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  • Development, Engagement, and Reinvention:

    Approaches to Faculty Growth at Small Liberal Arts Colleges

    Meredith Goldsmith -- Ursinus College Jan Thomas -- Kenyon College

    Tamara Beauboeuf -- DePauw University

    AAC&U 2019 Atlanta, GA

  • Mentoring in the First Two years Kenyon College

  • WHAT WASN’T WORKING? ● Mentoring was uneven

    ● There was no training of mentors

    ● There were few guidelines for mentors

    ● Expectations for mentors and mentees were not clear

    ● There was no accountability structure

    ● Too much responsibility was placed on the new colleague

    ● There was little flexibility for individual needs of new colleagues

    ● Mentoring was not recognized or rewarded

  • MY GOALS – as an administrator ● Create a program that has guidelines for standardization and flexibility to meet individual

    needs ● Create an accountability structure ● Revise the faculty handbook to reflect the new program, providing flexibility for making

    changes to the guidelines, and recognize the work of mentoring

    ● Re-imagine what it means to be a mentor

    ○ From “guru” to “resource” or “connector” and “coach”

  • The “solution” – A work in progress ● Create and TRAIN a group of post-tenure faculty to serve as LEAD MENTORS

    ● Institutionalize a FACULTY DEVELOPMENT TEAM: Director of the Center for Innovative Pedagogy (CIP); an Associate Provost; McCoy-Banc One Distinguished Teaching Chair

    ● Revise the duties of the McCoy Chair to emphasize role in mentoring new faculty and serve as LIAISON for Lead Mentors. The McCoy Chair is a 4 year position and already carries a $2500 stipend and 1 course release.

    ● New MENTORING GUIDELINES with clear goals for years 1 & 2 and a product at the end of each year

  • GUIDELINES for Mentoring in the First Two Years ● YEAR 1

    ○ GOAL: Get to know Kenyon people and practices; learn to manage time and expectations

    ○ PRODUCT: A document for end of year discussion created by new faculty member

    ○ ACTIVITIES: mentee observers mentor 1st semester and mentor observes mentee 2nd semester followed by pedagogical discussion; meet at least 1x with each mentor; end of year discussion (agenda created by LM; mentee document)

    ● YEAR 2

    ○ GOAL: Prepare for pre-tenure review (dossier due in October of 3rd year)

    ○ PRODUCT: Revised CV (1st semester); Draft of prospectus for pre-tenure review (2nd semester)

    ○ ACTIVITIES: mentor observers mentee followed by discussion; meet at least 1x with each mentor; specific conversations about scholarly work and departmental guidelines; review CV; year end meeting to discuss draft of prospectus; LM drafts summary letter (goes only to mentee and committee).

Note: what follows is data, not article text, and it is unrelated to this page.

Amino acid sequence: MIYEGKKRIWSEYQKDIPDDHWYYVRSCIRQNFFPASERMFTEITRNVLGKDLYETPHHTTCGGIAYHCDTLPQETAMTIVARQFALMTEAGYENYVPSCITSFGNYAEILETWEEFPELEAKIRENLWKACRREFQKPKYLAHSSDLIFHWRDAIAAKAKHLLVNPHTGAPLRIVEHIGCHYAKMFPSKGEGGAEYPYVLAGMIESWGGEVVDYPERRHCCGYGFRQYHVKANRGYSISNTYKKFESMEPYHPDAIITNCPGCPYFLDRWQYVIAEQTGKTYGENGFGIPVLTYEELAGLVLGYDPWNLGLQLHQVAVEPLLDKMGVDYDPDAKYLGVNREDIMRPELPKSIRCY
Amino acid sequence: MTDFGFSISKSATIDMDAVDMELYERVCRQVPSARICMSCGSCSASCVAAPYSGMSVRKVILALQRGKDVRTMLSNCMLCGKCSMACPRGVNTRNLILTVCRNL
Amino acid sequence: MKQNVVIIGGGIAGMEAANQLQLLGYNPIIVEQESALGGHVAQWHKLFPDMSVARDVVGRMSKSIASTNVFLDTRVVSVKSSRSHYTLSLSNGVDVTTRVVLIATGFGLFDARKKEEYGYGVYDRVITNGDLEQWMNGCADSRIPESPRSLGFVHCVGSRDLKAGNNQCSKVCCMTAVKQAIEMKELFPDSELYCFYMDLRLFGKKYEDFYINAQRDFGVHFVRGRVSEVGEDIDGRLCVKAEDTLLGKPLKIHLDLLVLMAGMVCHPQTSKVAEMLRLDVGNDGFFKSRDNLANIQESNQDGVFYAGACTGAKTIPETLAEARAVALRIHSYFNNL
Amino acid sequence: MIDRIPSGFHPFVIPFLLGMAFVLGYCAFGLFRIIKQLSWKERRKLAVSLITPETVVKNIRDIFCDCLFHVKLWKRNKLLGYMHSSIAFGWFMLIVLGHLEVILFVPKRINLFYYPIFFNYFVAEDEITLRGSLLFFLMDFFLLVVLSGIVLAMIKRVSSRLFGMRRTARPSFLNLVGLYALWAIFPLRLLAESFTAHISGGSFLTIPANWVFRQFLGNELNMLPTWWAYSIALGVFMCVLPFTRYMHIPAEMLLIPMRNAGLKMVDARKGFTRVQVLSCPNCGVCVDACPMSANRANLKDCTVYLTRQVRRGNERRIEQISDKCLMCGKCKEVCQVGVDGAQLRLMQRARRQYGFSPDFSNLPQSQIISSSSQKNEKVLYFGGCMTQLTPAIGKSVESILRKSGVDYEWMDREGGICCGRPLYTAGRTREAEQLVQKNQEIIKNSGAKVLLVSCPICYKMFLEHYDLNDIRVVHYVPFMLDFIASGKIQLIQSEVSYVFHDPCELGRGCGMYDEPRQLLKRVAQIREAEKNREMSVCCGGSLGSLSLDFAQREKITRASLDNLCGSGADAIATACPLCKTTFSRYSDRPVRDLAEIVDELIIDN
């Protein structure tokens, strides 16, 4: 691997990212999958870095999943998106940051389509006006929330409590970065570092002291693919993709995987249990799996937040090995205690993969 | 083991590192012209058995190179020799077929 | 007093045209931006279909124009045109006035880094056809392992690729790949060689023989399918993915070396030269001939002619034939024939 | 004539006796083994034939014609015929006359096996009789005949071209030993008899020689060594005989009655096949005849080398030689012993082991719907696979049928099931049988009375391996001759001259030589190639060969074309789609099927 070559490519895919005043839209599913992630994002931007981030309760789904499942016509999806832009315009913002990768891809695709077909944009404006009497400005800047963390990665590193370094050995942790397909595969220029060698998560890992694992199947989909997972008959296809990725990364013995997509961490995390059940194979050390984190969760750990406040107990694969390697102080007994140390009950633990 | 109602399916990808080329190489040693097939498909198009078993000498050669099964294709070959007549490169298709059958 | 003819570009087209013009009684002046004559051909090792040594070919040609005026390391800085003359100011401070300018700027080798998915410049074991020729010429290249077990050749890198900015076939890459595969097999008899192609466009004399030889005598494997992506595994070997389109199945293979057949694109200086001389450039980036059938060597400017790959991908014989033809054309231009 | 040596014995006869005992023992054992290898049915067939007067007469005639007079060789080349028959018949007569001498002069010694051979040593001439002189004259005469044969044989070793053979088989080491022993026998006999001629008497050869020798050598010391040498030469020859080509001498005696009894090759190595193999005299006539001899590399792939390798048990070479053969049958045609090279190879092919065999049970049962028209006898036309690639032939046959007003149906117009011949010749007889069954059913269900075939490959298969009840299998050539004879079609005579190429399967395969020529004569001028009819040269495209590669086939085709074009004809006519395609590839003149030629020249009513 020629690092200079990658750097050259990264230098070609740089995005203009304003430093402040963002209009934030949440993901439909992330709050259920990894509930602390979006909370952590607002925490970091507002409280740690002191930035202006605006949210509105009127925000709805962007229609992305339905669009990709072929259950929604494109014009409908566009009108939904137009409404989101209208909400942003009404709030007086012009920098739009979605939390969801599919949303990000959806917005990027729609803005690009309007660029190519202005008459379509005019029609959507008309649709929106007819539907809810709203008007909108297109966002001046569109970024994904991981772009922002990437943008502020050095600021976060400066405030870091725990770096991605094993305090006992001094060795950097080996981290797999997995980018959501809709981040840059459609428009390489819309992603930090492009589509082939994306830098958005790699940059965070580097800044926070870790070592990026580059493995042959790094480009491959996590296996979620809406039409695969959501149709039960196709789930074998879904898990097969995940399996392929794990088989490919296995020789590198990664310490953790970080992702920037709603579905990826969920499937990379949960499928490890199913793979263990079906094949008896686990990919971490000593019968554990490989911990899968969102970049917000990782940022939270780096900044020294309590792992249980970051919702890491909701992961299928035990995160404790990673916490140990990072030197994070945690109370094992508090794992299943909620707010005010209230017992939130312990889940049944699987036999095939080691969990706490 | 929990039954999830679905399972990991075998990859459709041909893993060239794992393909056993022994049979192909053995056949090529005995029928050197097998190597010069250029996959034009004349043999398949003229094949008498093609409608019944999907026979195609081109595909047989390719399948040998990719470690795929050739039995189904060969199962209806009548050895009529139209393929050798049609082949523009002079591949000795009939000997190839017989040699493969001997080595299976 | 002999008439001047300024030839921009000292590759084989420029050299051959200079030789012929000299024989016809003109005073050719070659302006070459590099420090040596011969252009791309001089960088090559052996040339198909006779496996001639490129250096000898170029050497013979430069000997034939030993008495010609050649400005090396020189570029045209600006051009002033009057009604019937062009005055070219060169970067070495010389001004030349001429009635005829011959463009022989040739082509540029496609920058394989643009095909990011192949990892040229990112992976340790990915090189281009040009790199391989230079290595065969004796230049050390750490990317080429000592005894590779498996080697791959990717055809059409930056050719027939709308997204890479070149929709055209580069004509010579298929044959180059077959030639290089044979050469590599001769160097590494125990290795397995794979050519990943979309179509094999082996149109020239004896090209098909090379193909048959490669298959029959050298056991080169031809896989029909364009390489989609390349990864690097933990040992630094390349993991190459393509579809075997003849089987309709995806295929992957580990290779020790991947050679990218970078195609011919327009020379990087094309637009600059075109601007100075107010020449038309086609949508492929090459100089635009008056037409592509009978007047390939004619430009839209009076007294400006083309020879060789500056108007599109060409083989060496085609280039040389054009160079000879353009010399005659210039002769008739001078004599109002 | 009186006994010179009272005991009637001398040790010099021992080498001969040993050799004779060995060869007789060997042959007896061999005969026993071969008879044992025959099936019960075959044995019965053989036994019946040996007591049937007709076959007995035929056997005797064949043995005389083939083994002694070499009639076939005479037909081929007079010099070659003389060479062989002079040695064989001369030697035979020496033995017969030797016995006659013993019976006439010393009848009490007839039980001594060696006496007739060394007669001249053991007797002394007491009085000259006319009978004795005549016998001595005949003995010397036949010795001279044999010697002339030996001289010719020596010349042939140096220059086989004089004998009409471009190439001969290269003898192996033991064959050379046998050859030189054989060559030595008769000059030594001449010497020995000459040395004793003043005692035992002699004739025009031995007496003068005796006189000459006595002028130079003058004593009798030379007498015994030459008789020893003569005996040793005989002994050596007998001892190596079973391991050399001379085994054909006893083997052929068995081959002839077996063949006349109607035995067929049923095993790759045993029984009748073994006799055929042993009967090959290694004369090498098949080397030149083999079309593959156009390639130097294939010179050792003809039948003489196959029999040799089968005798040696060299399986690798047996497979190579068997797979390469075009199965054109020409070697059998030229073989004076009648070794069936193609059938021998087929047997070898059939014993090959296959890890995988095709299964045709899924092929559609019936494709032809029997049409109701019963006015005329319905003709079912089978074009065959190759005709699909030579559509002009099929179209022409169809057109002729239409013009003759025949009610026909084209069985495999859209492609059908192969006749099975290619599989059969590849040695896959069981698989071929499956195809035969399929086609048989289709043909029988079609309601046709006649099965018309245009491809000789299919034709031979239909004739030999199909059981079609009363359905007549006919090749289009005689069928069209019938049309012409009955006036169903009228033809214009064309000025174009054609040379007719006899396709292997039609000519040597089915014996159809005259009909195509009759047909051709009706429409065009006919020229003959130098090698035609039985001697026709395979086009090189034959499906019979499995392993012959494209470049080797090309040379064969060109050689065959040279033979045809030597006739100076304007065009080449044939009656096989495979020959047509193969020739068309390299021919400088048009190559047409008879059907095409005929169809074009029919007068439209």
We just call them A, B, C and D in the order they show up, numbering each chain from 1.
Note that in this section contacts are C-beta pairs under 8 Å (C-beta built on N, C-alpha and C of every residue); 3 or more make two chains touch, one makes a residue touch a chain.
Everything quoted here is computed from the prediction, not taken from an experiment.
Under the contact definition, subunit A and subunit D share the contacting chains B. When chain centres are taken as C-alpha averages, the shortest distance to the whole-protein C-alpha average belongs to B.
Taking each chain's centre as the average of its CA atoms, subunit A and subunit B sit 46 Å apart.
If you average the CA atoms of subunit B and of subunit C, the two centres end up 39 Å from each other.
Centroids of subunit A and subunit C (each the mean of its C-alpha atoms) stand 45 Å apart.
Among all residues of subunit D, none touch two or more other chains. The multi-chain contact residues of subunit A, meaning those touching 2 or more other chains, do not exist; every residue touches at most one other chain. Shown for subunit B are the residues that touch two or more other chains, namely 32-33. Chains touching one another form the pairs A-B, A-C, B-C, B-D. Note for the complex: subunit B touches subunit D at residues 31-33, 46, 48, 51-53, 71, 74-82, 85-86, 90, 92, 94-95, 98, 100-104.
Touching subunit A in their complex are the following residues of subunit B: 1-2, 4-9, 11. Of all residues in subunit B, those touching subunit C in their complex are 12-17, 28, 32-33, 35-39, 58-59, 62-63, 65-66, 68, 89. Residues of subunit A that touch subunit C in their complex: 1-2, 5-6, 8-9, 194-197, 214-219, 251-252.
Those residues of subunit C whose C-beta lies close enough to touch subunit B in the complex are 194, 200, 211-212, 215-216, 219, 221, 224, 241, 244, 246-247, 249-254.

• NEW MENTORING PROGRAM:

    DIRECTOR, CIP (Pedagogy)

    MCCOY CHAIR (Mentoring)

    ASSOCIATE PROVOST (Reviews, leadership)

    LEAD MENTOR

    LEAD MENTOR

    LEAD MENTOR

    3rd MEMBERDEPARTMENT

    NEW FACULTY

  • How New Program Addresses Identified Problems:

    ● LEAD MENTORS – Provide trained mentoring resource/coaches; accountability; leadership opportunity; stipend recognize importance of work

    ● ACCOUNTABILITY – Lead Mentors ->other mentors and new faculty; McCoy Chair-> Lead Mentors; Faculty Development Committee-> McCoy Chair

    ● GUIDELINES - Clarify expectations and responsibilities for mentors and new faculty; specific goals and products for each year

    ● CONSISTENCY & FLEXIBILITY – Guidelines and accountability help standardize and personalize; Guidelines reside outside of the Faculty Handbook

  • Challenges: ● Lots of Moving Parts – mentoring model, McCoy Chair, Handbook (what should be legislated

    and what kept flexible), guidelines, training, etc.

    ● Resistance – from “gurus,” some departments, and the “disconnected”

    ● Issues of Implementation – stipends, when to hold training, another “committee” that needs members, how to phase in (new faculty in the transition)

    ● Institutional Over-reach – “bureaucratization”, turns McCoy Chair into an “administrator”; continues trend of asking faculty to do more and more

  • Moving Forward

    SPRING 2019 Call for new McCoy Chair Call for Lead Mentor applications Plan and train Lead Mentors

    FALL 2019 Launch new mentoring program

  • Faculty Development as On-going Growth

    Rethinking Faculty Development at Ursinus College

    Meredith Goldsmith, Associate Dean